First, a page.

Post Image Identity and African American Youth

This piece, part of the Addressing Critical Equity Issues series, discusses the importance of sustaining positive influences during the adolescence of African American and provides best practices on how this can be done.

Identity and African American Youth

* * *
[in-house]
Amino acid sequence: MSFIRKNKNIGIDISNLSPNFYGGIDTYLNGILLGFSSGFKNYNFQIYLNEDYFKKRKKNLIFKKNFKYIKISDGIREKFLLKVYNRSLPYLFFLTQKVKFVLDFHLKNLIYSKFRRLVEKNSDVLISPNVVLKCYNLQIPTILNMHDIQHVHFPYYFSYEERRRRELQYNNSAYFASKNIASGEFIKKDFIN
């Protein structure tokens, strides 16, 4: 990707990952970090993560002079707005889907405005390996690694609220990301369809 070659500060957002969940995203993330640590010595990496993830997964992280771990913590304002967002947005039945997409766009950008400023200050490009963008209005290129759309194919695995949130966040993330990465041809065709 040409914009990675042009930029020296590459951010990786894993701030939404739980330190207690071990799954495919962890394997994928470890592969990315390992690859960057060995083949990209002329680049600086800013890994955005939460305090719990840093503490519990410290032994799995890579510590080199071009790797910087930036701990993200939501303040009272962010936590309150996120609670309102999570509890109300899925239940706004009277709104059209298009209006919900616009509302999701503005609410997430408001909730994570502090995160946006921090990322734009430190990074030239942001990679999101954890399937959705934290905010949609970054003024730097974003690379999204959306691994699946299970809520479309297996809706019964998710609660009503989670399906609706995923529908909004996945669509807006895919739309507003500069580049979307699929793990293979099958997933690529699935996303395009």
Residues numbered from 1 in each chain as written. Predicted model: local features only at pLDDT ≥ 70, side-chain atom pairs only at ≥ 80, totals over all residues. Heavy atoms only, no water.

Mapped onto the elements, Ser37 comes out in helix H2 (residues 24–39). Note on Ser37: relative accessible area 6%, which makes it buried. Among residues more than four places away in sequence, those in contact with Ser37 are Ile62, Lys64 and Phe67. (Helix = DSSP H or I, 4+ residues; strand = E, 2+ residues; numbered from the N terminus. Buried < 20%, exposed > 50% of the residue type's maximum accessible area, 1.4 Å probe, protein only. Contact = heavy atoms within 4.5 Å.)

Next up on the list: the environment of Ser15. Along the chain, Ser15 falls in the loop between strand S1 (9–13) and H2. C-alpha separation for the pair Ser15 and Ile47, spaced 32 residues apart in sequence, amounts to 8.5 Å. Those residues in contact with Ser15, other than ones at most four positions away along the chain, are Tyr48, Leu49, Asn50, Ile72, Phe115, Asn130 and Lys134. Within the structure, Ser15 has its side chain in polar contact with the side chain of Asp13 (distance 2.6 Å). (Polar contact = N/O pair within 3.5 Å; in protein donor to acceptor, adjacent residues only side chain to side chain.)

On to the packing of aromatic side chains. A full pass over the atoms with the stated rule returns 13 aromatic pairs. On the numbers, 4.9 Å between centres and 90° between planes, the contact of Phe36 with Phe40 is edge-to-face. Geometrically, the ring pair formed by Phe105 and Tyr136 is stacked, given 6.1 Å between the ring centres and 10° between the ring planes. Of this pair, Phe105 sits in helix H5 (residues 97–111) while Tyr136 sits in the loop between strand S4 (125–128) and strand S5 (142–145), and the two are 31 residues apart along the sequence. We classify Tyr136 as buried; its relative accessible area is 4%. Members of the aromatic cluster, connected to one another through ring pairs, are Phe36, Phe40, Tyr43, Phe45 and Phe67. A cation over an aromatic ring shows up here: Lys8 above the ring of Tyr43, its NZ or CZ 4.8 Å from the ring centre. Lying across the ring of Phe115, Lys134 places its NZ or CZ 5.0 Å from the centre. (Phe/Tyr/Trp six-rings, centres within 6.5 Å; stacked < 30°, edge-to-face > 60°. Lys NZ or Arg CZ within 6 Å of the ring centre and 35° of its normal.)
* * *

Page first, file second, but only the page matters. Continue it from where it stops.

From the standpoint of child development, adolescence is a time when children begin to discover and define themselves. Expectations based on “mainstream norms” can have a dichotomous impact on this stage of self‐ development in African American children and youth (Gullan et al, 2011). Influences on identity development in African American children can be positively mediated through a strong family foundation and community ties. African American parents and extended family members are instrumental in helping children to develop a positive self‐concept and racial identity through racial socialization, and preparation of children to grow into adult roles and responsibilities (Gullan et al, 2011;Hill & Chao, 2009; Hughes et al., 2006). However, as children become adolescents, they inevitably spend more hours of the day and week in a variety of environments away from such positive influences (DeCuir‐ Gunby, 2009).This can affect the degree to which such positive influences are internalized and sustained. As girls and boys transition to and from their home and community environments, they are exposed to a variety of factors that impact their identity development. Such factors include: (1) interactions with female and male peers (Tatum, 1997); (2) the ways in which they relate to their parents and family members as they grapple with simultaneous needs for independence and dependence; (3) exposure to the plethora of African American male and female images portrayed in print material and the media (Gooding, 2010); and (4) the underlying context of race relations based on the history of racial groups in this country (Bonner, et al, 2009 Thomas, Hoxha, & Hacker, 2012). The intersection of these factors can have a profound effect on how children and youth see themselves or experience their sense of self. Boys and girls growing up African American in 21st century society face the covert reality that they live in a nation entrenched in a long history that has marginalized the race into which they were born (Singleton, 2006, Tatum, 1997). Integration of a positive adult identity can be a unique challenge for African American teenagers because they learn from a young age, that at different times in American history, their race has carried a negative social stigma based on the color of their skin (Takaki, 1989; Tatum, 1997).  Racism remains a powerful presence in American society. Although overt acts of racism have shifted since the early decades of this country’s history, the impact of privilege based on one’s race persists as a prevailing construct in American society (Helms, 1990; Lindsey, Martinez, & Lindsey 2009; Singleton, 2006; Takaki, 1989). The residue from this socio‐political reality can impede African American youth from experiencing identity development free of misconceived self‐perceptions (Irving &  Hudley 2008; Nieto & Bode, 2011; Singleton 2007). The pressure of challenging the predominant societal myth of being an African American male or female can result in a range of paths to identity development. African American adolescents may opt to choose a ‘race less’ identity (Harris & Marsh, 2010), suppress the desire to achieve because being smart is associated with ‘being white’ (Toldson & Owens, 2010), exhibit oppositional behavior (Ogbu, 2003), isolate themselves socially and/or find it hard to focus on achieving in school (Bonner, 2009; Coakley, et al., 2011). These counterproductive indicators should not be ignored, but rather recognized, understood and balanced with alternative outlooks and role models whose experience and background they can relate to (Derek et al, 2009). African American youth who have a more balanced sense of self are more likely to stay grounded, confident and resilient. It is essential for educators and parents to become authentically attuned to this generation’s experience of what it is like to ‘come into being’ as an African American male or female adolescent. This calls for adult awareness of and sensibility to the scope and significance that identity development holds for 21st century African American youth (Cooper, 2002; Steen, 2009.) All children have a right to come into their own surrounded, in each of their environments, by adults who acknowledge, affirm and encourage identity development that is positive, balanced and healthy. (Boykin, Noguera, 2011; Gullan et al, 2011). Such capacity positions adults to evolve as reliable advocates in the lives of African American youth. As a result, their process of identity development will enable them to take advantage of opportunities for productive growth and lead them to high quality life choices PROMISING PRACTICES